If you live overseas you may find dealing with UK tax matters time consuming and confusing.
Learning about what you need to do means you are meeting your obligations as a non resident landlord and being as tax efficient as possible.
Our non resident landlord guide can help you only pay the tax you need to now and in the future.
UK non resident landlords normally need to complete a tax return. When you register with HMRC as a landlord you will be set up in the Self Assessment system. A tax return will need to be completed in each tax year unless you are told otherwise by HMRC. Your tax return will have to be completed on time and correctly unless penalties will be imposed.
If you paid tax on your rental income and earned less than the tax free allowance, you can claim a tax rebate. You can make a claim for the previous four tax years so you could be owed a substantial tax rebate. This is the case for many non resident landlords because they use a rental agent to collect their rental income. Tax is deducted by rental agents at a rate of 20% unless HMRC have allowed you to join the non resident landlord scheme.
The UK non-resident landlord scheme (NRL Scheme) is operated by HMRC, and taxes the rental income of UK non-resident landlords. It means that UK letting agents deduct tax from any rental income collected for non-resident landlords.
If you’ve lived outside the UK for more than six months you’ll generally be classed as a non resident for the purposes of the scheme.
UK non-resident landlords can apply to receive any property rental income without UK tax deducted.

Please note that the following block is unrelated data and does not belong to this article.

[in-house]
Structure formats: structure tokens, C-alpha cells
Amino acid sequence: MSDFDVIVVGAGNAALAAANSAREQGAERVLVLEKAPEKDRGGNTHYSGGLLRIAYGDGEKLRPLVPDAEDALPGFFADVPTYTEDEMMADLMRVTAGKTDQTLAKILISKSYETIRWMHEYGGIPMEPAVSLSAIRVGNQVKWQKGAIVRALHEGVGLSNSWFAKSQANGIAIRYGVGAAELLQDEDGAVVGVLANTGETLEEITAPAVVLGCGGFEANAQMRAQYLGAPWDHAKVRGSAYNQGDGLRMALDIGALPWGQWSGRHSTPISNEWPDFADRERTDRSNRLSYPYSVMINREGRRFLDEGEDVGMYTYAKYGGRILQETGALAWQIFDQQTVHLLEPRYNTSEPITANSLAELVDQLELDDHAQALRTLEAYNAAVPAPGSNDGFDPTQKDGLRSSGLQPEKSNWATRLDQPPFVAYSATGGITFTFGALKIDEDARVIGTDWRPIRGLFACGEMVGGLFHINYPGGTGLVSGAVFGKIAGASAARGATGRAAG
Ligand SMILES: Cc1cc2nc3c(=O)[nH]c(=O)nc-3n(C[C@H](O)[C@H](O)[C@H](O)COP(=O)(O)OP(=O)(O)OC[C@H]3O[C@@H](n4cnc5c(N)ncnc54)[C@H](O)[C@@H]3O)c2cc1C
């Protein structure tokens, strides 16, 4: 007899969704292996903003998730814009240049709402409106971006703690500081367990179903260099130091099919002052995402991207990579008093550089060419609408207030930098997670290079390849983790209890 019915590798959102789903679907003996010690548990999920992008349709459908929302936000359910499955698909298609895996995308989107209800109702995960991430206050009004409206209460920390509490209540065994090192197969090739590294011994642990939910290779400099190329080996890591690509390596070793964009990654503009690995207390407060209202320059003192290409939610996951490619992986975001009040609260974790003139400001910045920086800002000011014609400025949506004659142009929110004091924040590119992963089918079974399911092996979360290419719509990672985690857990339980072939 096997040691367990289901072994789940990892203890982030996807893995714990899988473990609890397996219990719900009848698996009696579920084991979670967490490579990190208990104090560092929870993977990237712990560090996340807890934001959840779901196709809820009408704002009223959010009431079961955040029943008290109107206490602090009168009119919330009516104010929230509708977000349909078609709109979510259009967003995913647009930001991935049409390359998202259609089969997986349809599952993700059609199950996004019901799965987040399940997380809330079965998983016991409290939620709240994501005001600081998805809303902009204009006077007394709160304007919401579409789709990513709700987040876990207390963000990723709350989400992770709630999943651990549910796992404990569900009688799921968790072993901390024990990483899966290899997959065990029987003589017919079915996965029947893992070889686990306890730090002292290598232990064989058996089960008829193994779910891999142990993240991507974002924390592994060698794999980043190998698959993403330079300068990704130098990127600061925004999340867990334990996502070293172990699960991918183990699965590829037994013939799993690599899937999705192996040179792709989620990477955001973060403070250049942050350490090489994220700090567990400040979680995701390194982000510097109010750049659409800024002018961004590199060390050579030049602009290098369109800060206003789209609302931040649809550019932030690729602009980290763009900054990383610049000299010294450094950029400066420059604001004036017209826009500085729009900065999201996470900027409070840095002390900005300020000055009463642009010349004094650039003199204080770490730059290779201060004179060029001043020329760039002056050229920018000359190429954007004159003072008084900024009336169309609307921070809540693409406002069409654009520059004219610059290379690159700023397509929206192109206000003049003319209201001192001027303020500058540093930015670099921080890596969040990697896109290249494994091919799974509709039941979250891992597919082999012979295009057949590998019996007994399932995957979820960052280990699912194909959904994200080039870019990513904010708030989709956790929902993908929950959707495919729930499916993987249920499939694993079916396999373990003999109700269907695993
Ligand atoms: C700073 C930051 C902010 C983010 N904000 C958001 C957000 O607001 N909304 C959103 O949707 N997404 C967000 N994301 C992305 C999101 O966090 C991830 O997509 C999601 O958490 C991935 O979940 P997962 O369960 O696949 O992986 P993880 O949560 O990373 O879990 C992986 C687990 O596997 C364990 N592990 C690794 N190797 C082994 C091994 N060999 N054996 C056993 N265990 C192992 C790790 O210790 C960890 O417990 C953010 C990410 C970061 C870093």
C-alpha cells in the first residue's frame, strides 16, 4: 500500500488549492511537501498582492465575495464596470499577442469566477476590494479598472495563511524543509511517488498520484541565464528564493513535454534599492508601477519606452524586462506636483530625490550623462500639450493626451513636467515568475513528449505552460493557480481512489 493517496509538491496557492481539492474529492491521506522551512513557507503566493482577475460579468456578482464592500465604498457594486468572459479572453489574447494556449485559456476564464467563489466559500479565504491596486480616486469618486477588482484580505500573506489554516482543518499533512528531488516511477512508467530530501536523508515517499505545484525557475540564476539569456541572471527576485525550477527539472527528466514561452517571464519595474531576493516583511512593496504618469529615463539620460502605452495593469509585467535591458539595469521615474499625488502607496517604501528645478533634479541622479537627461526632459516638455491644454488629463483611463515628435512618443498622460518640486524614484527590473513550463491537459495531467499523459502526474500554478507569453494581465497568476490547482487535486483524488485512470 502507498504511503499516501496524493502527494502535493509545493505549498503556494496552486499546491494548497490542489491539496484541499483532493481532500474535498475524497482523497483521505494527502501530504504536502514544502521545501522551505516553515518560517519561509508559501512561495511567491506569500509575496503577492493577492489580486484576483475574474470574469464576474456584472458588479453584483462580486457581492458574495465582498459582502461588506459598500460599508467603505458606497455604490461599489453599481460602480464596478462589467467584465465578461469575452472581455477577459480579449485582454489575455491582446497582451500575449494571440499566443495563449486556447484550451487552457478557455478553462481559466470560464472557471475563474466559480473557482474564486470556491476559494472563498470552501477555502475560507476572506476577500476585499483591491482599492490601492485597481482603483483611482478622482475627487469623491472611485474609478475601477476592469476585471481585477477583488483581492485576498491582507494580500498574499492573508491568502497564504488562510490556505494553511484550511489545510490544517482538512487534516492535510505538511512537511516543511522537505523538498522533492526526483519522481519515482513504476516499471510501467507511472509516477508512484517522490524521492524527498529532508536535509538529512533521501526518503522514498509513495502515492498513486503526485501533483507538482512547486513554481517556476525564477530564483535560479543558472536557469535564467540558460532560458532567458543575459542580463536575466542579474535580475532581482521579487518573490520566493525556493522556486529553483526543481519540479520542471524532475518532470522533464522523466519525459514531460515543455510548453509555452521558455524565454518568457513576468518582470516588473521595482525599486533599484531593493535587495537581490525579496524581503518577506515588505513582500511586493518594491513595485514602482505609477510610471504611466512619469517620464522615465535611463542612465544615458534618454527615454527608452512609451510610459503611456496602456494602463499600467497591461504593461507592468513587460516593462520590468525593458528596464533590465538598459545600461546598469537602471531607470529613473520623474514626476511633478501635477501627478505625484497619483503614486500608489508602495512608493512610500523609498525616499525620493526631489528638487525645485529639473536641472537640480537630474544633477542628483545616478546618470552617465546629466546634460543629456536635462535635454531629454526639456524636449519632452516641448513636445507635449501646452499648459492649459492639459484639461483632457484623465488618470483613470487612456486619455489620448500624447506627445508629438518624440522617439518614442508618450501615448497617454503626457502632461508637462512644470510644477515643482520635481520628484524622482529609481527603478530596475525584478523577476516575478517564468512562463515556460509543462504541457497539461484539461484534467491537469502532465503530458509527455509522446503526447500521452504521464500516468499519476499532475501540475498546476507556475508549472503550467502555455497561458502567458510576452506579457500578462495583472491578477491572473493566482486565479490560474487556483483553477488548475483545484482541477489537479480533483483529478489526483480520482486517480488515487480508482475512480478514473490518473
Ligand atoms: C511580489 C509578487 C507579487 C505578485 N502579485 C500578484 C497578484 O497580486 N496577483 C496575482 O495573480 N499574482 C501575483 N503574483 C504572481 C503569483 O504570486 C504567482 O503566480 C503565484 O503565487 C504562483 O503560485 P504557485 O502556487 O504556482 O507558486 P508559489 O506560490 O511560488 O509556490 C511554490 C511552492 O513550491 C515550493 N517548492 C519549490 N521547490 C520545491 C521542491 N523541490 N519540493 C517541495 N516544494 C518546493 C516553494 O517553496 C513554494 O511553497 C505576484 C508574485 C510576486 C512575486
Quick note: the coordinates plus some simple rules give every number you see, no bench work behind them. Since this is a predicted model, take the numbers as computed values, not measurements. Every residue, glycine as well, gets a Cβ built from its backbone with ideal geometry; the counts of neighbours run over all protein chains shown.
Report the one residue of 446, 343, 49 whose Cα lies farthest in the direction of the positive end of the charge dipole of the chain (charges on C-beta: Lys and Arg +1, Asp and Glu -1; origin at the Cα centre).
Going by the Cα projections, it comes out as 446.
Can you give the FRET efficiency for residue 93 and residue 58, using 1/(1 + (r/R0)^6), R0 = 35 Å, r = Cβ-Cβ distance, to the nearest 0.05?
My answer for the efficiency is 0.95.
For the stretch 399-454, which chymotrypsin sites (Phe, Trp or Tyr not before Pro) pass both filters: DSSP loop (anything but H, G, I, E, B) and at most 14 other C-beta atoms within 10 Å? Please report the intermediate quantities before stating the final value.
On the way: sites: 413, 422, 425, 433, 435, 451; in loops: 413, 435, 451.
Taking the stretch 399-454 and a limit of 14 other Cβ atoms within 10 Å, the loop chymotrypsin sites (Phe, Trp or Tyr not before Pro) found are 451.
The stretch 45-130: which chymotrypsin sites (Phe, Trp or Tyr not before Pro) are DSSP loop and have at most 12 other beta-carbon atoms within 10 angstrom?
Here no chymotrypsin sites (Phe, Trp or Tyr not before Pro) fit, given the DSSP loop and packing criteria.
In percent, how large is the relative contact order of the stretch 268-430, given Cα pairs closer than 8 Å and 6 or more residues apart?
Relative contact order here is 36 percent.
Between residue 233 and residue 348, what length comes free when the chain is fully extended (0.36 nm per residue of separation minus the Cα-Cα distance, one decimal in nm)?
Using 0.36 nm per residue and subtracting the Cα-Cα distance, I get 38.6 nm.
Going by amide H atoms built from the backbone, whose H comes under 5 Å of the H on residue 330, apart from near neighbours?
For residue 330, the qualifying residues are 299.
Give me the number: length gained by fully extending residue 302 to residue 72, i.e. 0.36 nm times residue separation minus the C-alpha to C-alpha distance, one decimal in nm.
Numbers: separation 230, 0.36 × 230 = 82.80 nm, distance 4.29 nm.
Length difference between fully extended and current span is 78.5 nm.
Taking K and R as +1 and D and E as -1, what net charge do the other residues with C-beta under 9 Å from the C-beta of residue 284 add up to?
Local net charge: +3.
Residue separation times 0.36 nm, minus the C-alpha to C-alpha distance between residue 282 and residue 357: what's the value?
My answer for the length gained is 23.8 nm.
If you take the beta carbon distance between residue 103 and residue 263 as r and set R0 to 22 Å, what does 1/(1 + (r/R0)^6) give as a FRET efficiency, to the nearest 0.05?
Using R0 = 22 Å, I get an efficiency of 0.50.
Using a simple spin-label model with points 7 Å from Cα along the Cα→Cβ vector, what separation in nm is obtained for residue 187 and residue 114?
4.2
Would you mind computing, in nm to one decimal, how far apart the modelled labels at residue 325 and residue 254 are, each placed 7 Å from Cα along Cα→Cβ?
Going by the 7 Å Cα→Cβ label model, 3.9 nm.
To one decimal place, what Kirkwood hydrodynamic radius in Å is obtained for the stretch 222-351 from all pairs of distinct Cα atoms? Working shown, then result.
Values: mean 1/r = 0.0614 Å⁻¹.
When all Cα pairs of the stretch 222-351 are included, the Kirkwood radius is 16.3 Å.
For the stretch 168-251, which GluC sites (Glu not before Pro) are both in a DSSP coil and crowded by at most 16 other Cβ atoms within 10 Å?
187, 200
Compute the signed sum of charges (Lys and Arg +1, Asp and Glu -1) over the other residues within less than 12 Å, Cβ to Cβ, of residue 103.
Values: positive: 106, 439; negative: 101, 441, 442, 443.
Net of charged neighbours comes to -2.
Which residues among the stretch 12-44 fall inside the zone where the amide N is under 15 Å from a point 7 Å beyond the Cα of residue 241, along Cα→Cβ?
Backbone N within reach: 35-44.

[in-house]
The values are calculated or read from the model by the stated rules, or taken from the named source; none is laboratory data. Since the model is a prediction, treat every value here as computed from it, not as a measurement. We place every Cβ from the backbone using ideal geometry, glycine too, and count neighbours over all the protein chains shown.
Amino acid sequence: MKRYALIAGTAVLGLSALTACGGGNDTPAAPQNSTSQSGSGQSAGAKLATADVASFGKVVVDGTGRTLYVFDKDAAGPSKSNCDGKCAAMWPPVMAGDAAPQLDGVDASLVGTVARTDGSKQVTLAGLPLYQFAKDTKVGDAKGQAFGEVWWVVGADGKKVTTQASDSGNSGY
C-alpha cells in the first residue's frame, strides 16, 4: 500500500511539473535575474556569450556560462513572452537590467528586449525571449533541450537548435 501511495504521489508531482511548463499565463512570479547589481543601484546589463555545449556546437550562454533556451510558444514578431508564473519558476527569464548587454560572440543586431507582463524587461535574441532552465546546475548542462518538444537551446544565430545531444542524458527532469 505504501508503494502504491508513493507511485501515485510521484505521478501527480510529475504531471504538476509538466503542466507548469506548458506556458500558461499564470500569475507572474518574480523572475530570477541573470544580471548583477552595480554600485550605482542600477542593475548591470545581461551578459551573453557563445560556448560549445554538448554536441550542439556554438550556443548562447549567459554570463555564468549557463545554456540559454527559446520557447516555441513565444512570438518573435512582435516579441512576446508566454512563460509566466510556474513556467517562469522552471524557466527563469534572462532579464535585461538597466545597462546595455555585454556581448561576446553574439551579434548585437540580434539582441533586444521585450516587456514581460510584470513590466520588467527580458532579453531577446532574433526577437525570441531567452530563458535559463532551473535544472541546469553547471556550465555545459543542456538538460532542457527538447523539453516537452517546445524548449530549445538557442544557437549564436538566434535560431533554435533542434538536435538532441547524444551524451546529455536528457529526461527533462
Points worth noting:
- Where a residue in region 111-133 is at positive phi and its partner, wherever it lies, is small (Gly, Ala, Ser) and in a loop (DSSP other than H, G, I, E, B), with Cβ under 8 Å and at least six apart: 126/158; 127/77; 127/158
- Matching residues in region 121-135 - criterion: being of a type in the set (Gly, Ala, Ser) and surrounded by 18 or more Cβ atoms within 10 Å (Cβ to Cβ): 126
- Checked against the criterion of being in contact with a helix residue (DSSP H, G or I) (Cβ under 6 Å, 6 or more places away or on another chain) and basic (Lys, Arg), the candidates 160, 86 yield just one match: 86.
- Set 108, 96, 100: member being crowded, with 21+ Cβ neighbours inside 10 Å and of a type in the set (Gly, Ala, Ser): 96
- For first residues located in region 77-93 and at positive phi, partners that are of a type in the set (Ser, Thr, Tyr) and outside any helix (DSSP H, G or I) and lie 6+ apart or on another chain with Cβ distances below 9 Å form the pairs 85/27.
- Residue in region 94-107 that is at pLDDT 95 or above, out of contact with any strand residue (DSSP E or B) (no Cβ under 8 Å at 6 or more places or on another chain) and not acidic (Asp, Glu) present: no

If you haven’t applied for this exemption, your letting agent should supply a certificate of tax liability each year to confirm that tax has been deducted from your rental income.
As a landlord you can offset some of the costs of buying and running your property – such as mortgage interest and property repairs against the tax you need to pay. You do this using a Self Assessment tax return, where you must also declare any other income you earn in the UK.
Not declaring your expenses means you won’t get the tax relief you are owed. In a similar way if you have any capital expenditure (for example fitting a bathroom of kitchen) this can used against any capital gains tax you may owe when you sell the property.
In addition non resident landlords should take into consideration if they are entitled to UK pension tax relief relating to tax paid on UK pension income and lump sums.
Dealing with tax is an important part of being a landlord. If you receive rental income from letting a property, you need to tell HMRC and pay tax on your rental profits...
Learning about what you need to do means you are meeting your obligations as a non resident landlord and being as tax efficient as possible...
Landlord capital gains tax is a tax levied on the profit made from selling a rental property that has appreciated in value.
The capital gains tax (CGT) payable on a rental property is only due when a landlord sells a property that has increased in value since the time of purchase.